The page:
Biography & Memoir Book Reviews (page 973)

THE YOUNG PAUL ROBESON by Lloyd L. Brown
BIOGRAPHY & MEMOIR
Released: Feb. 1, 1997

"It's only in his afterword that Brown injects a more intimate note, offering some wonderful anecdotes about Robeson's personal life, as opposed to his public persona. (20 b&w photos)"
This slim, workmanlike account of Paul Robeson's early years becomes fascinating by dint of its subject's remarkable achievements. Read full book review >
THE LENO WIT by Jay Walker
BIOGRAPHY & MEMOIR
Released: Feb. 1, 1997

"This is more a silhouette than a full-fledged biographical portrait, and no competition for Leno's own current bestseller."
A mash note to the current king of the late-night talk shows. Read full book review >

BIOGRAPHY & MEMOIR
Released: Feb. 1, 1997

"Despite the surprisingly short shrift given to the Menendez trial, a terrific introduction to criminal defense by a master practitioner. (16 pages b&w photos, not seen) (First printing of 150,000)"
Erik Menendez's defense attorney proves why she's one of the best in the business. Read full book review >
BAD BOY by John Brady
BIOGRAPHY & MEMOIR
Released: Feb. 1, 1997

"A combination of cynical political reality and modern tragedy, this volume is well worth reading. (b&w photos)"
Brady (Journalism/Univ. of Missouri), former editor of Boston magazine, provides an entertaining account of the notorious Republican political operative. Read full book review >
GLADSTONE by Roy Jenkins
BIOGRAPHY & MEMOIR
Released: Feb. 1, 1997

"Still, Jenkins, who loves politics and admires politicians, has produced an authoritative life of one of his heroes."
A definitive, celebratory biography of the greatest 19th- century British political leader, by a distinguished 20th-century British politician. Read full book review >

BIOGRAPHY & MEMOIR
Released: Feb. 1, 1997

"As the only sustained resource on Coe, this book is useful to media scholars, but as dramatic reading, it wants the poetic humanity of Coe's works. (20 b&w illustrations, not seen)"
A long-neglected pioneer of live TV drama is appropriately praised but not brought to life in this biography by a contributing editor to Emmy magazine. Read full book review >
BIOGRAPHY & MEMOIR
Released: Feb. 1, 1997

"Very likable, but essentially a string of anecdotes that don't cohere into anything larger."
A witty, often endearing throwaway memoir of a young musician's professional coming-of-age in the '60s and early '70s. Read full book review >
BIOGRAPHY & MEMOIR
Released: Feb. 1, 1997

"The details, and the transporting power of the quotidian, are what fascinate here. (illustrations, not seen)"
Selections from a year-long diary kept by a newlywed while sailing aboard her husband's merchant bark, evocatively framed with minutely researched background material by Petroski (Gravity and Other Stories, not reviewed). Read full book review >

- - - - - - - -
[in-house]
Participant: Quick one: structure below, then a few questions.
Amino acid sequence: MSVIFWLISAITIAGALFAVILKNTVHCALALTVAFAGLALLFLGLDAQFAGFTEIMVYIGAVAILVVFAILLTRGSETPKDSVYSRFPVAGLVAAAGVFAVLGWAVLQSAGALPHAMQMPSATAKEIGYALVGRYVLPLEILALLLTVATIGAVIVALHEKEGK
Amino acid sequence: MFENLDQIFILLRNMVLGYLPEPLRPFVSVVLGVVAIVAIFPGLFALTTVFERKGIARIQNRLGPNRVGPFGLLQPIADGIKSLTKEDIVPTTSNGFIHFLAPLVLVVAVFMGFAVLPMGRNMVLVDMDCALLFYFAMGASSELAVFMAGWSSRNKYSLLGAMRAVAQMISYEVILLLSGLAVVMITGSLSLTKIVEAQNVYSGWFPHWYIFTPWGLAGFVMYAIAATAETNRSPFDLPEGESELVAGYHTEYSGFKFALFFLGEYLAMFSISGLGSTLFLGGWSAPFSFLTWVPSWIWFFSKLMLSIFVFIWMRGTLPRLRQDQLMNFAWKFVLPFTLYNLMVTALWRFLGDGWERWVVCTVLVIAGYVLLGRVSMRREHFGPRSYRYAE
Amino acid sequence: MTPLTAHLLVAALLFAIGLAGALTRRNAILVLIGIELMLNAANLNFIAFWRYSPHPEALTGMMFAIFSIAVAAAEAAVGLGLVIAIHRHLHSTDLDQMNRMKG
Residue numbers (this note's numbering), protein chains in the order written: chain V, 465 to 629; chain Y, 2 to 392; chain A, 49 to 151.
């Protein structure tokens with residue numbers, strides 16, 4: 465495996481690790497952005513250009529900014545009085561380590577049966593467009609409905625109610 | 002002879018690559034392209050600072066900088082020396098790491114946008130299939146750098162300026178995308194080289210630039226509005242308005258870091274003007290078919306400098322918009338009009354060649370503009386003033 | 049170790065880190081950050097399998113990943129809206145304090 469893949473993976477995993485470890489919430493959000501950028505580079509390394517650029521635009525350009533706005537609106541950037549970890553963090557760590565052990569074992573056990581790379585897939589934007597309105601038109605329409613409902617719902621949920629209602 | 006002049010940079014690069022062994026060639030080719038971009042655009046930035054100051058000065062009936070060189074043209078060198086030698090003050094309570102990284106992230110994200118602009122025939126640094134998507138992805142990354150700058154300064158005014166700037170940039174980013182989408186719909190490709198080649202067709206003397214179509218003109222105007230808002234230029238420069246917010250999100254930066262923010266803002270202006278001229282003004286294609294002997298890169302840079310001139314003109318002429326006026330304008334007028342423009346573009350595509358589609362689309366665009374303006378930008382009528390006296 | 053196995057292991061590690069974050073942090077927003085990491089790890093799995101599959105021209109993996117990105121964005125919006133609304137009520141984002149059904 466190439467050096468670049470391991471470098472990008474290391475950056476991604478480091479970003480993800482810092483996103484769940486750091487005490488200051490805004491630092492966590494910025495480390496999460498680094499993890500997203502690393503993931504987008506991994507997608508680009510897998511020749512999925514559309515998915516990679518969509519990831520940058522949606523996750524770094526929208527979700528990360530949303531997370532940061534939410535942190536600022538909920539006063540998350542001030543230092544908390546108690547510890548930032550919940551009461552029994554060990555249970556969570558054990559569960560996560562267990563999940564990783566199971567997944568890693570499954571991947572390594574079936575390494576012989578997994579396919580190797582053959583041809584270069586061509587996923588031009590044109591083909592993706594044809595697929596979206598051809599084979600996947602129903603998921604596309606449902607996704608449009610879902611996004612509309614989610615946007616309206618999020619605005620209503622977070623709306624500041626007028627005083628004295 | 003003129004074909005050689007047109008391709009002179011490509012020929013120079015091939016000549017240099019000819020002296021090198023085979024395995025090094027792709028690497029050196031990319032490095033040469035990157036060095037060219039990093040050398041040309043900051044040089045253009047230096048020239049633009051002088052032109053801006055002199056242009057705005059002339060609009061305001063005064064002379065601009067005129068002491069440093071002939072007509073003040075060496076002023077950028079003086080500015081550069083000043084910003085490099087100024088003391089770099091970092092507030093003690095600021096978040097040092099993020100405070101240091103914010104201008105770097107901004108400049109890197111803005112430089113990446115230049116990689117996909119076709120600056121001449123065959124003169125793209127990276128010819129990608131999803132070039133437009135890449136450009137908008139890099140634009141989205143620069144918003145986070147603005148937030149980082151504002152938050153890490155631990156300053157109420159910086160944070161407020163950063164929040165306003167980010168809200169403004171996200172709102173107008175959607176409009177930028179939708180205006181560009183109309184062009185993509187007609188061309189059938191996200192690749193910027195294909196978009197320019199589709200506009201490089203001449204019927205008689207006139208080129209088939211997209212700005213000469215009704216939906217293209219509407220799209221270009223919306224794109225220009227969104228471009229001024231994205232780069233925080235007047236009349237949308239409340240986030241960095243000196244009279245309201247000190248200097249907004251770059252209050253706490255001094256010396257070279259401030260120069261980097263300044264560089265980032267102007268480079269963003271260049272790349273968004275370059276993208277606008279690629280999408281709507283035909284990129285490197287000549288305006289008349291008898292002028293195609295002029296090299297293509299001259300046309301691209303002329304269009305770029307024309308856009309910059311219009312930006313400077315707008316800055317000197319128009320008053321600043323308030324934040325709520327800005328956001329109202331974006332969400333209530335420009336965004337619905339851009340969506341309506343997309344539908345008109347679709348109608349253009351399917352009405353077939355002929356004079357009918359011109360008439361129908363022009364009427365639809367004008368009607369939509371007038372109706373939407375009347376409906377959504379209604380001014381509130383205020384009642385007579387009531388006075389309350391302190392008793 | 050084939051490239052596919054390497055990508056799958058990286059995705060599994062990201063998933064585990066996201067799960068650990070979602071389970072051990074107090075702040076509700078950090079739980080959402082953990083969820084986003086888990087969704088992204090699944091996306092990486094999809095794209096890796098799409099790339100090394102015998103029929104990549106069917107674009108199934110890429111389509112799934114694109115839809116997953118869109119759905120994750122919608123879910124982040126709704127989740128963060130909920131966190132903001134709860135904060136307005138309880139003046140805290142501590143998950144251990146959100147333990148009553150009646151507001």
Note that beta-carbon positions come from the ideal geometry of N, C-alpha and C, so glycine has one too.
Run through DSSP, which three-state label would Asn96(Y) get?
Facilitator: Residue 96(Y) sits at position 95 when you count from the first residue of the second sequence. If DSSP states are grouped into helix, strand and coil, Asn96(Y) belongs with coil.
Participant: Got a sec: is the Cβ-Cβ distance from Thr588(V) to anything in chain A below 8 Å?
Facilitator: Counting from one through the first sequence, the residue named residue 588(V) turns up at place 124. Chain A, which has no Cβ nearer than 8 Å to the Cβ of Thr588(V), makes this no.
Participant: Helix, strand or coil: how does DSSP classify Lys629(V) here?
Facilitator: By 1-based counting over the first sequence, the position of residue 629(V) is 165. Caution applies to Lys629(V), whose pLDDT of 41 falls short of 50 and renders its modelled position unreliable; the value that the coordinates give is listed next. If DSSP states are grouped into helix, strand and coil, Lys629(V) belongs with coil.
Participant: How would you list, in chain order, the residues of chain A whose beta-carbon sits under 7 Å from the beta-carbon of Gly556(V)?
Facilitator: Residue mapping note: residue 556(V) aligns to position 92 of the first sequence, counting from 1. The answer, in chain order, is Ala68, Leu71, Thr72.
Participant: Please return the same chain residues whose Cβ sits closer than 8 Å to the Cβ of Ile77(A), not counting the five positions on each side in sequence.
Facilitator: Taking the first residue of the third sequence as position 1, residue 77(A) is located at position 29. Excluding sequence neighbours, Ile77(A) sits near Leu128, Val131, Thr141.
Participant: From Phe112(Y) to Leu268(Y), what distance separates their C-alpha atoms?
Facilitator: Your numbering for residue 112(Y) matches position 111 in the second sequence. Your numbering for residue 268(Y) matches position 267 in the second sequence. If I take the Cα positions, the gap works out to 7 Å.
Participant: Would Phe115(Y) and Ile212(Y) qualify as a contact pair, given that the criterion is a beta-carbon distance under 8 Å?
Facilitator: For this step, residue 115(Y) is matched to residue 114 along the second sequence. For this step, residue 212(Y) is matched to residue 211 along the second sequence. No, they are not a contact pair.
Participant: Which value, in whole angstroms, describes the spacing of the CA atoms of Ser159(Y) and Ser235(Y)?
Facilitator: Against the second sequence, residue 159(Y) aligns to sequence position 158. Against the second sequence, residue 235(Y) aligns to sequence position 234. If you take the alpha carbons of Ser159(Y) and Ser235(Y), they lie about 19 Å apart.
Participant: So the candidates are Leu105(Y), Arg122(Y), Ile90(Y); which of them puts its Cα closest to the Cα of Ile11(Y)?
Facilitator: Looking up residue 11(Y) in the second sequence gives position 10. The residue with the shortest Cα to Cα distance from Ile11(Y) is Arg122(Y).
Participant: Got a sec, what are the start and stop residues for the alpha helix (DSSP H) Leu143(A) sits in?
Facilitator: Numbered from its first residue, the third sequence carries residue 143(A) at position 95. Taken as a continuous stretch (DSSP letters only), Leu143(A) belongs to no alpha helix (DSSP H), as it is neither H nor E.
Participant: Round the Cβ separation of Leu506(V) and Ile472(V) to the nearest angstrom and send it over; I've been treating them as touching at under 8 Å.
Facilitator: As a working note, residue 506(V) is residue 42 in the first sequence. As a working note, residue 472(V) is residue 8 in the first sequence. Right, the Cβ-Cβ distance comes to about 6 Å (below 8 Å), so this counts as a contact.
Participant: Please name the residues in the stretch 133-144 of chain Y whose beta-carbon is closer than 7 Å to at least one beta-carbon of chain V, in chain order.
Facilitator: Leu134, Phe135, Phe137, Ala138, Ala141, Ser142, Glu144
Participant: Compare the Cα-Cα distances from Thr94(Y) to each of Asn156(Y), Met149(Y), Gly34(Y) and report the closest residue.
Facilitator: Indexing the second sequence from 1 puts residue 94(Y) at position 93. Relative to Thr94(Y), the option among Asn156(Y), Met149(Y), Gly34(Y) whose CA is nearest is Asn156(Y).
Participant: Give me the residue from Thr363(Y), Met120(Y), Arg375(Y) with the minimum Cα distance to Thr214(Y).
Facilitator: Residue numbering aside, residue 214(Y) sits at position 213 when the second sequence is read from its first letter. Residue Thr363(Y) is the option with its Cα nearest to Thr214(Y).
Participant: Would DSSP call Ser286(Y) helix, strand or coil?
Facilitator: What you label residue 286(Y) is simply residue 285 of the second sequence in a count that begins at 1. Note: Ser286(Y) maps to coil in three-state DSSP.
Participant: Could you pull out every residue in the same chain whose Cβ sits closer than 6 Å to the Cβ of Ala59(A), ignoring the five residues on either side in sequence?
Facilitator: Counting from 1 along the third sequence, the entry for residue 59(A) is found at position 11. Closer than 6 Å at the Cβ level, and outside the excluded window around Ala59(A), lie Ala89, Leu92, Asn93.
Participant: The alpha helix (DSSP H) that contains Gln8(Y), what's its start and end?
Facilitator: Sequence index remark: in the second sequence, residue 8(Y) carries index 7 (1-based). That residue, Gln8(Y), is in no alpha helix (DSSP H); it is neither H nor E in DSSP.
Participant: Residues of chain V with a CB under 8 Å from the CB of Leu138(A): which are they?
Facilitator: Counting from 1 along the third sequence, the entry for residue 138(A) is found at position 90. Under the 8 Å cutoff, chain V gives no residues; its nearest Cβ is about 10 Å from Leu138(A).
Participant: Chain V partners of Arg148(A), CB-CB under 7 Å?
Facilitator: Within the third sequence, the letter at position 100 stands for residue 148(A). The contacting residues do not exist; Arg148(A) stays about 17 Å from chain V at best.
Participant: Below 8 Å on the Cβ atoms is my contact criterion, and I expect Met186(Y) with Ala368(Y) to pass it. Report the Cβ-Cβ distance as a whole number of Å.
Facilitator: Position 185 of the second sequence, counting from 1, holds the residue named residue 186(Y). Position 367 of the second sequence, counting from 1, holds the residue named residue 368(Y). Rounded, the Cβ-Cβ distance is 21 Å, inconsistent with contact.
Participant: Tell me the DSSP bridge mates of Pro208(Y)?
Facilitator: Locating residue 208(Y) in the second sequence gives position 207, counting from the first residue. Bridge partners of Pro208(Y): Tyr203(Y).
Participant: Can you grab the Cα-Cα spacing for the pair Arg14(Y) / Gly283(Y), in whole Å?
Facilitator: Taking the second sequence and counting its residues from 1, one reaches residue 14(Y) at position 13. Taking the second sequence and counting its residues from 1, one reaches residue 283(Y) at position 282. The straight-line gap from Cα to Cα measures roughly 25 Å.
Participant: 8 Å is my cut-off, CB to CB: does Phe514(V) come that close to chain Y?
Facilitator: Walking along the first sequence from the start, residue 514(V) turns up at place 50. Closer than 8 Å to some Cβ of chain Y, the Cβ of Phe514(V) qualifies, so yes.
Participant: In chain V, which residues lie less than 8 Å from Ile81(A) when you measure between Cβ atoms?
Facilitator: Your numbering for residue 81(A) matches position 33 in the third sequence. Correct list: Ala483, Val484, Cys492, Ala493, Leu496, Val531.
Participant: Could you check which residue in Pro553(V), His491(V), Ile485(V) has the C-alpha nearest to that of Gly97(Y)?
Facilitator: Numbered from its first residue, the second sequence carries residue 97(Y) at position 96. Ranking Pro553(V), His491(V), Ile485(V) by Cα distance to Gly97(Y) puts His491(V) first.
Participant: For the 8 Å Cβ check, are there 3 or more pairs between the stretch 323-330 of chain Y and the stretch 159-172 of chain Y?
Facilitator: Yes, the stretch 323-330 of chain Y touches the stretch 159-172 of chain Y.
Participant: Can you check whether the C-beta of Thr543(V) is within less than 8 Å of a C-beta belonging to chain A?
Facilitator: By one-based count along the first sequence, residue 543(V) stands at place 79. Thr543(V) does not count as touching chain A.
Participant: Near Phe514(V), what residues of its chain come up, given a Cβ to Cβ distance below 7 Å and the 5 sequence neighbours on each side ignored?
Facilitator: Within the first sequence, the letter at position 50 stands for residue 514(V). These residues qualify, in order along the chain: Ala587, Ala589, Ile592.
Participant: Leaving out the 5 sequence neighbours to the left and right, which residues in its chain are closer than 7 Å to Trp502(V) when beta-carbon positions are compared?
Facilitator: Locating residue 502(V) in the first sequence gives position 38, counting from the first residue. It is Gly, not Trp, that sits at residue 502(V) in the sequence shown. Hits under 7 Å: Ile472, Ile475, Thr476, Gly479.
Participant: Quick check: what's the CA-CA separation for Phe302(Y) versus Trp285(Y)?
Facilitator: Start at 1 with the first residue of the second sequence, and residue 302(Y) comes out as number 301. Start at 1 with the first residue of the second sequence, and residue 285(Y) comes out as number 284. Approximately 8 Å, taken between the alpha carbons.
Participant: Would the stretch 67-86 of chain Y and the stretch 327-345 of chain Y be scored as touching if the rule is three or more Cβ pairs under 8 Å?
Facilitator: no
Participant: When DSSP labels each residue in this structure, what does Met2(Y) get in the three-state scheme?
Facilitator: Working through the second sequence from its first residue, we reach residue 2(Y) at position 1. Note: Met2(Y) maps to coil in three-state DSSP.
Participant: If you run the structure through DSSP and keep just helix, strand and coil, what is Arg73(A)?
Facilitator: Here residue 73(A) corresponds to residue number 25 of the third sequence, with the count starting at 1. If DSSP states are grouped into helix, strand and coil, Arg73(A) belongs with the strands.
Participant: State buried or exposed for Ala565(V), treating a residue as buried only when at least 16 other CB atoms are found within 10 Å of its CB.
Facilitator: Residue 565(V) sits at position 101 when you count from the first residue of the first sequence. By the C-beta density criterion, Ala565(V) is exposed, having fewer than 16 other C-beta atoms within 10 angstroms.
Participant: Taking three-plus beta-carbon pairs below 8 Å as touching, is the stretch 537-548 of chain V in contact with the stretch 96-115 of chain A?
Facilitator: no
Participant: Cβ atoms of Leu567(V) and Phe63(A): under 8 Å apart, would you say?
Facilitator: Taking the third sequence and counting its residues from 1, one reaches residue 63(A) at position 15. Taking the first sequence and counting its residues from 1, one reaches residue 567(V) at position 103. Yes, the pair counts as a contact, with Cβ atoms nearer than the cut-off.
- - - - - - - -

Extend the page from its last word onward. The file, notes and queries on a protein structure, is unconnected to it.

WHITTAKER CHAMBERS by Sam Tanenhaus
BIOGRAPHY & MEMOIR
Released: Feb. 1, 1997

"Expect this book to stoke fires already burning for nearly half a century. (16 pages b&w photos, not seen) (History Book Club selection)"
A sympathetic full-length portrait of a man best known for making Alger Hiss and Richard Nixon famous. Read full book review >
WATCHING OUR CROPS COME IN by Clifton L. Taulbert
BIOGRAPHY & MEMOIR
Released: Feb. 1, 1997

"I could eber count'') will not play well with most readers. (b&w photos) (Author tour)"
A tepid recollection of the civil rights movement and the Vietnam War from a man who watched both primarily from the sidelines. Read full book review >
AN ORIGINAL MAN by III Clegg
BIOGRAPHY & MEMOIR
Released: Feb. 1, 1997

"In all, though, this is both an outstanding biography and an important contribution to the history of the Nation of Islam. (16 pages b&w photos, maps, not seen)"
A meticulous, absorbing reconstruction of the life of the ``Messenger of Allah'' who led the Nation of Islam for more than four decades, until his death in 1975. Read full book review >
MAYE & FAYE'S BUILDING & LOAN by Maye Smith
BIOGRAPHY & MEMOIR
Released: Feb. 1, 1997

"Hooray for Maye and Faye, but their story, unfortunately, is a magazine article stretched too far. ($65,000 ad/promo; author tour)"
Small-town values—integrity, responsibility, neighborliness, hard work—prevail in the success story of two sisters from West Virginia. Read full book review >
Kirkus Interview
Frances Stroh
author of BEER MONEY
May 4, 2016

Frances Stroh’s earliest memories are ones of great privilege: shopping trips to London and New York, lunches served by black-tied waiters at the Regency Hotel, and a house filled with precious antiques, which she was forbidden to touch. Established in Detroit in 1850, by 1984 the Stroh Brewing Company had become the largest private beer fortune in America and a brand emblematic of the American dream itself; while Stroh was coming of age, the Stroh family fortune was estimated to be worth $700 million. But behind the beautiful façade lay a crumbling foundation. As their fortune dissolved in little over a decade, the family was torn apart internally by divorce and one family member's drug bust; disagreements over the management of the business; and disputes over the remaining money they possessed. “The author’s family might have successfully burned through a massive fortune, but they squandered a lot more than that,” our reviewer writes about Stroh’s debut memoir, Beer Money. “A sorrowful, eye-opening examination of familial dysfunction.” View video >